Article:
Marketplace Moderation Explained¶
Like any online marketplace or platform, there needs to be a way for its content to be moderated. Sure, Particl is unstoppable, uncensorable, and it can’t ban users. But leaving the platform without any sort of moderation mechanism would create an unspeakable number of problems.
Table of Contents
Have a look at the outcomes before starting to dig into the deep details.
Moderation system based on direct democracy.
Provably fair and accurate governance.
No pre-defined ban on specific products and services.
Entirely distributed, doesn’t require any user with special permissions.
Because there is no way to enforce any pre-defined bans on a distributed network, you may encounter products you do not like from time to time. It is important that you flag these products if you believe they shouldn’t be on the marketplace.
For your coins to count as votes, they need to be held in your Public balance. Coins held in your Anon balance don’t work with the voting mechanism.
Since Particl is a distributed marketplace, there is no one in possession of any special account that would give them more power and privileges than others. That means no support staff, no moderator, no admin, no nothing there to keep spam and undesirable content away. For this reason, the moderation of the marketplace’s content needs to be done differently.
Instead of giving moderating powers to a few groups of “trusted” individuals, it gives it back to everyone. Indeed, Particl’s moderation system is heavily inspired by the concept of the “wisdom of the crowd”, which stipulates that, typically, decisions taken collectively by large groups of people are more informed than if taken by a limited group of individuals.
That, of course, is probably not applicable to all spheres of life. Still, when it comes to moderating a global and distributed marketplace, it’s an efficient way to reach a fair and globally agreeable consensus and take personal or geographical biases out of the equation. Particl Marketplace truly is the first global marketplace environment.
How Does it Work?¶
Ultimately, Particl’s moderation system is very similar to Reddit’s popular upvote and downvote system. On Reddit, each thread and post can be upvoted or downvoted by the community. Any Reddit user can cast a vote (an upvote or a downvote) that adds or substracts a “point”. Once a post reaches a negative threshold of points, meaning that a much greater number of people have downvoted the post compared to the number of people who’ve upvoted it, it gets automatically hidden and placed at the bottom of the list.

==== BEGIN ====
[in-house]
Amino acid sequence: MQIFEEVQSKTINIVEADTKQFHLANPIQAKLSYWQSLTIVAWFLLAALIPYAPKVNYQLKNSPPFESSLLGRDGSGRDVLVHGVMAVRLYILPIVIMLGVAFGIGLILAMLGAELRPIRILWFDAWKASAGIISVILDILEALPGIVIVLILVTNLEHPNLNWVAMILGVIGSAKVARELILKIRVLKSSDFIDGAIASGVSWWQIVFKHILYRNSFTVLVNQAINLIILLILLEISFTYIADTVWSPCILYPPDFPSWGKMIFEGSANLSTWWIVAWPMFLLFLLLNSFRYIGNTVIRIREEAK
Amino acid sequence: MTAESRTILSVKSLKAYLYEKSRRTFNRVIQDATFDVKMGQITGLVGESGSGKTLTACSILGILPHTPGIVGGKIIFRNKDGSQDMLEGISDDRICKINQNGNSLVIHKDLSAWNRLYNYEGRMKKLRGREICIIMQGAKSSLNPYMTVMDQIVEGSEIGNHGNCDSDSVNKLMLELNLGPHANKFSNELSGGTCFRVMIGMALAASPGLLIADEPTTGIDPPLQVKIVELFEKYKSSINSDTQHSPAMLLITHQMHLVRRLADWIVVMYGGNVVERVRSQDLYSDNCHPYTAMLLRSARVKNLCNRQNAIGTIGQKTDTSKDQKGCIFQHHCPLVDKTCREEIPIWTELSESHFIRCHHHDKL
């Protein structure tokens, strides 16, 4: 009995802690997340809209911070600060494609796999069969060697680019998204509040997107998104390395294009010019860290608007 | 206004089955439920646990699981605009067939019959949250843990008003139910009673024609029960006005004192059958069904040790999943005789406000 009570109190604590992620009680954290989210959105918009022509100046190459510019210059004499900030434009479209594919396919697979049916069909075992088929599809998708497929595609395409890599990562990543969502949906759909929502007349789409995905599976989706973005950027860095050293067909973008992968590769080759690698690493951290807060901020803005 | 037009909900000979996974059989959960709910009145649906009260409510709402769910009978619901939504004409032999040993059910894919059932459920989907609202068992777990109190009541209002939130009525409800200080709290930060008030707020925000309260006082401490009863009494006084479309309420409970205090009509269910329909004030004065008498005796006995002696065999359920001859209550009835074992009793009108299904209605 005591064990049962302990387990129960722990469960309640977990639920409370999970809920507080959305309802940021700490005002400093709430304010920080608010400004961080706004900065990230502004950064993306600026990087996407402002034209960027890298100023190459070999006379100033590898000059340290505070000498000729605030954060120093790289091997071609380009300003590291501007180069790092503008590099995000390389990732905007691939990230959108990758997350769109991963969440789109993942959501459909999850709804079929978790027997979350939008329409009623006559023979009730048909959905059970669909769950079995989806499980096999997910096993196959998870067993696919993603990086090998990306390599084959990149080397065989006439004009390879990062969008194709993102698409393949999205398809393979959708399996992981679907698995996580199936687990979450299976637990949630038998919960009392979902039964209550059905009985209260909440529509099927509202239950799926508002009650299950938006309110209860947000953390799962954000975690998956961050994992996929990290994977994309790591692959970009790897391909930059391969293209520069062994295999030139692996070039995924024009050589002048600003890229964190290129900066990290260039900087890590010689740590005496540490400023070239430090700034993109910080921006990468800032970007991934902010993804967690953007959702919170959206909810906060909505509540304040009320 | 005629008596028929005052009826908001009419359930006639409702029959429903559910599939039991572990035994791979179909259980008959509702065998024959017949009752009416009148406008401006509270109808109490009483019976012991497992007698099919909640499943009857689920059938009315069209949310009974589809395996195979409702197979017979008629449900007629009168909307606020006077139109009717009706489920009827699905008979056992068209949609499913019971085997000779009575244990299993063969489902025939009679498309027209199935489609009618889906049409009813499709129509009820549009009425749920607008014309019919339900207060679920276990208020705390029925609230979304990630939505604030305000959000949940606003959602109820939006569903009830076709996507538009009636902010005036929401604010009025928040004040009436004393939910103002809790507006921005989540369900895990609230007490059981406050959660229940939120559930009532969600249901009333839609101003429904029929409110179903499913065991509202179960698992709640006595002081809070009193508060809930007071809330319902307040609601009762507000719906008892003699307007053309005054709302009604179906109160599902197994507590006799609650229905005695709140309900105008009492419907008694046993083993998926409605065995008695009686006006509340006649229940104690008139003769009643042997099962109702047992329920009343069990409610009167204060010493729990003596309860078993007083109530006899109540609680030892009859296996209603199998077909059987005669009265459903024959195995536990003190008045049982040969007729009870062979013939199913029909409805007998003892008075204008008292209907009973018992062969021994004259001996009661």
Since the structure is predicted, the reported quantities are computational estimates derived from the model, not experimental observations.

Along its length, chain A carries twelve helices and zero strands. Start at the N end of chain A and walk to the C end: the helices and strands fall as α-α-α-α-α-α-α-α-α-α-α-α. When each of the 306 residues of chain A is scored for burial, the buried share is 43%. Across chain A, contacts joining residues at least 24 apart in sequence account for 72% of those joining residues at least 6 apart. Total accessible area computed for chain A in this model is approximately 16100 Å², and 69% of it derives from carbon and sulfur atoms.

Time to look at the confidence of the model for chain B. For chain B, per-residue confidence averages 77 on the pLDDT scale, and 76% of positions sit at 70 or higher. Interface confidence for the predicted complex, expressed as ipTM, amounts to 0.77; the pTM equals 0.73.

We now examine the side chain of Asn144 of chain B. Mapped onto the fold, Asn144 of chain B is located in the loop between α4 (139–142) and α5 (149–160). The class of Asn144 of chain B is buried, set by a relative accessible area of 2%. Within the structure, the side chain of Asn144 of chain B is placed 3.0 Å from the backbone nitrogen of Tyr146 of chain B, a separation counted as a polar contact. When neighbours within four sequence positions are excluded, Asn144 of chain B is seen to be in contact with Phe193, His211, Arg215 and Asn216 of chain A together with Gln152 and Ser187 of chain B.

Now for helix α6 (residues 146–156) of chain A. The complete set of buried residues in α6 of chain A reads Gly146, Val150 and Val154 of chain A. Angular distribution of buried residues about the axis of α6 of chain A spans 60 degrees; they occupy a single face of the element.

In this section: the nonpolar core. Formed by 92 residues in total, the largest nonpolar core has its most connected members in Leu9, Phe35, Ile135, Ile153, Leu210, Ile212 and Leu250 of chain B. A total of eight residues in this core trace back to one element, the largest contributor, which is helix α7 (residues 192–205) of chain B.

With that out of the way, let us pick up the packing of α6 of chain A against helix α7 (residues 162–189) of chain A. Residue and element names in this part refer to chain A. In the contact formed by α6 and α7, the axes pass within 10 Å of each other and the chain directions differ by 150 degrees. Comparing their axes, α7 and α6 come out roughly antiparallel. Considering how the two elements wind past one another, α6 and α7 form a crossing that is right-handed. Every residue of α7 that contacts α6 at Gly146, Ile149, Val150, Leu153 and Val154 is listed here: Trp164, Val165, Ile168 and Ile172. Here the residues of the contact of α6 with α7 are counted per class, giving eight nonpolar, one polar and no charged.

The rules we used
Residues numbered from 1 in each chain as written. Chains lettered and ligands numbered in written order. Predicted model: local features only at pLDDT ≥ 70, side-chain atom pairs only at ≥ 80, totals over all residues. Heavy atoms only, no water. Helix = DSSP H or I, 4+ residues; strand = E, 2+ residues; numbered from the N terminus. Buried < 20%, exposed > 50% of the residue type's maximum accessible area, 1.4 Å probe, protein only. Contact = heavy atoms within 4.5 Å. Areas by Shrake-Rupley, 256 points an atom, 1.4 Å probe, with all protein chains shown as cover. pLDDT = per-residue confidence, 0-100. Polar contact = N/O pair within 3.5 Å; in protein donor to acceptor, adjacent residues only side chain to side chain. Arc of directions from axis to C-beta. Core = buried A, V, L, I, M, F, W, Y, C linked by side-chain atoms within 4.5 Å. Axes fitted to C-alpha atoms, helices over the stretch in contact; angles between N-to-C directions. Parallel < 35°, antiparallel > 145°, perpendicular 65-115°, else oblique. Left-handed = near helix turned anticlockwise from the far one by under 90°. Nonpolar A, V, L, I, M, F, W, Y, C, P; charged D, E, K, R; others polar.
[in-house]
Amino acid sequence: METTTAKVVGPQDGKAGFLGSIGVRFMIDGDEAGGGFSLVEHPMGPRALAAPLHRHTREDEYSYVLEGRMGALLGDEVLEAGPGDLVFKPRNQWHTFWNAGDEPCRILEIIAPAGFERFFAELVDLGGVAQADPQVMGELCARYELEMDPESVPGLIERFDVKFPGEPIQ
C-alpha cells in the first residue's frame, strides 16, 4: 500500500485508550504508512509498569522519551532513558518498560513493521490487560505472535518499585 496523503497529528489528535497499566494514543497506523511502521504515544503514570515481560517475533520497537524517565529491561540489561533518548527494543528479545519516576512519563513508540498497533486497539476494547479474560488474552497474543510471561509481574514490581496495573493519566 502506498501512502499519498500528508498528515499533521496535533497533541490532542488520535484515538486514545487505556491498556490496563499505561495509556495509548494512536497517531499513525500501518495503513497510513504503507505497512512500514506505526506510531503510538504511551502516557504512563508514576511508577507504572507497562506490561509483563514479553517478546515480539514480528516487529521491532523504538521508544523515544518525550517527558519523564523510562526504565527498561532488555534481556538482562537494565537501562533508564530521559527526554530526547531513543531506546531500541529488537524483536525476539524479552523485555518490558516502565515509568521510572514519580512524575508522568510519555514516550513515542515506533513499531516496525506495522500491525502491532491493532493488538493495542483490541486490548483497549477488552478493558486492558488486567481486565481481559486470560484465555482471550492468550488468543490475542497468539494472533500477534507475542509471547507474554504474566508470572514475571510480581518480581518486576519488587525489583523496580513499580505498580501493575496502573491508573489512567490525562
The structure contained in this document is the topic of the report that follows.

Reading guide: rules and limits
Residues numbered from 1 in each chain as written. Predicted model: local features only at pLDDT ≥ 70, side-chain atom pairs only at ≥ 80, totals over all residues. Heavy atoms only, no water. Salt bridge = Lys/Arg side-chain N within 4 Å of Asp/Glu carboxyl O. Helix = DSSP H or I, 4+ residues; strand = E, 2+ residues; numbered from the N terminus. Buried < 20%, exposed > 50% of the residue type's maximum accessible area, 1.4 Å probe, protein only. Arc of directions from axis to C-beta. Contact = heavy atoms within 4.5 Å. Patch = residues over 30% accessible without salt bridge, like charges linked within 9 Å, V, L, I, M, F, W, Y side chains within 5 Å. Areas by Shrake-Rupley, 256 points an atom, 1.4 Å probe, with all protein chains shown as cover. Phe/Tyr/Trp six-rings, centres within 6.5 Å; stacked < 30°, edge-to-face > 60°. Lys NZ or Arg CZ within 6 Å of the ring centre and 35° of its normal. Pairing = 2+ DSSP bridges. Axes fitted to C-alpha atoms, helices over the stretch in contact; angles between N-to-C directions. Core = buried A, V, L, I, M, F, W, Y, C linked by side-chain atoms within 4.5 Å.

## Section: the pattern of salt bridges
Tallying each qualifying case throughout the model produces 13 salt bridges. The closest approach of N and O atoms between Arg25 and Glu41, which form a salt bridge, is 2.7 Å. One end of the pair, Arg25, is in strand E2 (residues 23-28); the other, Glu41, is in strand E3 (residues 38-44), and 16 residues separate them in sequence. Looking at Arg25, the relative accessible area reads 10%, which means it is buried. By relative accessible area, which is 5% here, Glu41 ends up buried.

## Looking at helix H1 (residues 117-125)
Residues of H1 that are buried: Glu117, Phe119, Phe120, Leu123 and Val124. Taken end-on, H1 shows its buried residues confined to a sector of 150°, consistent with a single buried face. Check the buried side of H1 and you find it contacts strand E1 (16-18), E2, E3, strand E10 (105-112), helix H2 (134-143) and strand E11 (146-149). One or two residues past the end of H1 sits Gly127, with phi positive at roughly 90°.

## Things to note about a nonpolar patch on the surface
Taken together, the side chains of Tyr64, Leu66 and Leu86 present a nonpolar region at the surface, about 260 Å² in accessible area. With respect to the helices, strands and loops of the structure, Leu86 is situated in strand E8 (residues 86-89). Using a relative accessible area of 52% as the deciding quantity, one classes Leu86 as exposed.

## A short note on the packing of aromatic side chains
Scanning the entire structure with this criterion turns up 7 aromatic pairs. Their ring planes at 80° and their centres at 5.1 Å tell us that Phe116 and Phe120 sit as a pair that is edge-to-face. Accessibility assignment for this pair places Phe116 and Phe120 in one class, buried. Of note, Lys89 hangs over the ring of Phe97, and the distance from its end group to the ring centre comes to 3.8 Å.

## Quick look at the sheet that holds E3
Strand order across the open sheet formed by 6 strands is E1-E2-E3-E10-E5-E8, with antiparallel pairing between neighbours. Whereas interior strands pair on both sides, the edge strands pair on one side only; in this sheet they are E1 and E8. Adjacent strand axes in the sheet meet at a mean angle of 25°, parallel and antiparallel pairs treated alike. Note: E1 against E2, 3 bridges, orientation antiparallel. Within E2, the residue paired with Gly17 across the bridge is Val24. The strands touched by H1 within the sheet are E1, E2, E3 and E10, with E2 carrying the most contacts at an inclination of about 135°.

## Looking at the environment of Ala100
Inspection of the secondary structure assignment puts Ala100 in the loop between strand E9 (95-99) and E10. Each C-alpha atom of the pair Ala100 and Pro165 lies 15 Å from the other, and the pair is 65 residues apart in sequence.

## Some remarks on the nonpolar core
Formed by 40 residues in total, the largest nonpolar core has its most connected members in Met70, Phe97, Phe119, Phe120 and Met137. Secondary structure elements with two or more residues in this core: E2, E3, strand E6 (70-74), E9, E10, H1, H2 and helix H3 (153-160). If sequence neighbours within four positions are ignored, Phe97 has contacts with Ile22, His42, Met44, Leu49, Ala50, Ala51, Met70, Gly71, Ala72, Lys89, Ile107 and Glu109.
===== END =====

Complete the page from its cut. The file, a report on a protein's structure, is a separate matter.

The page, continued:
On Particl, listings are moderated the same way threads and posts are on Reddit. The big difference is that instead of counting votes on a “one user equals one point basis”, it does it on a “one coin equals one point basis”. When a listing reaches a negative threshold of points, it gets delisted and taken off the marketplace completely.
If you find a listing that you think shouldn’t be on the marketplace, you can flag it for removal. This immediately takes it off your instance of the marketplace and moves it to the Reported Listings page where other people will now be able to upvote or downvote it. You won’t see that listing on the marketplace anymore, but others still do and can purchase it up until the point when that listing accumulates enough downvotes.
Upvoting and downvoting¶
If you navigate to the Reported Listings page, you’ll find all the listings that other people have flagged. You’ll also find any listing you’ve previously flagged that has not yet received enough downvotes to be completely taken off the marketplace.
It is also where you can cast upvotes and downvotes for listings that other people have flagged. When you cast a vote, it adds or subtracts a number of points equal to the number of PART coins you hold in your public balance.
When a reported listing reaches a number of points lower than the minimum allowed by the network, it gets completely taken off Particl for everyone, even for those who’ve never seen the listing in the first place. This delisting process also permanently deletes a listing from the Reported Listings page.
The delisting threshold is the agreed-upon point requirement for a listing to remain on the marketplace. When a listing accumulates more downvotes than the agreed-upon threshold, it gets deleted from the marketplace for everyone.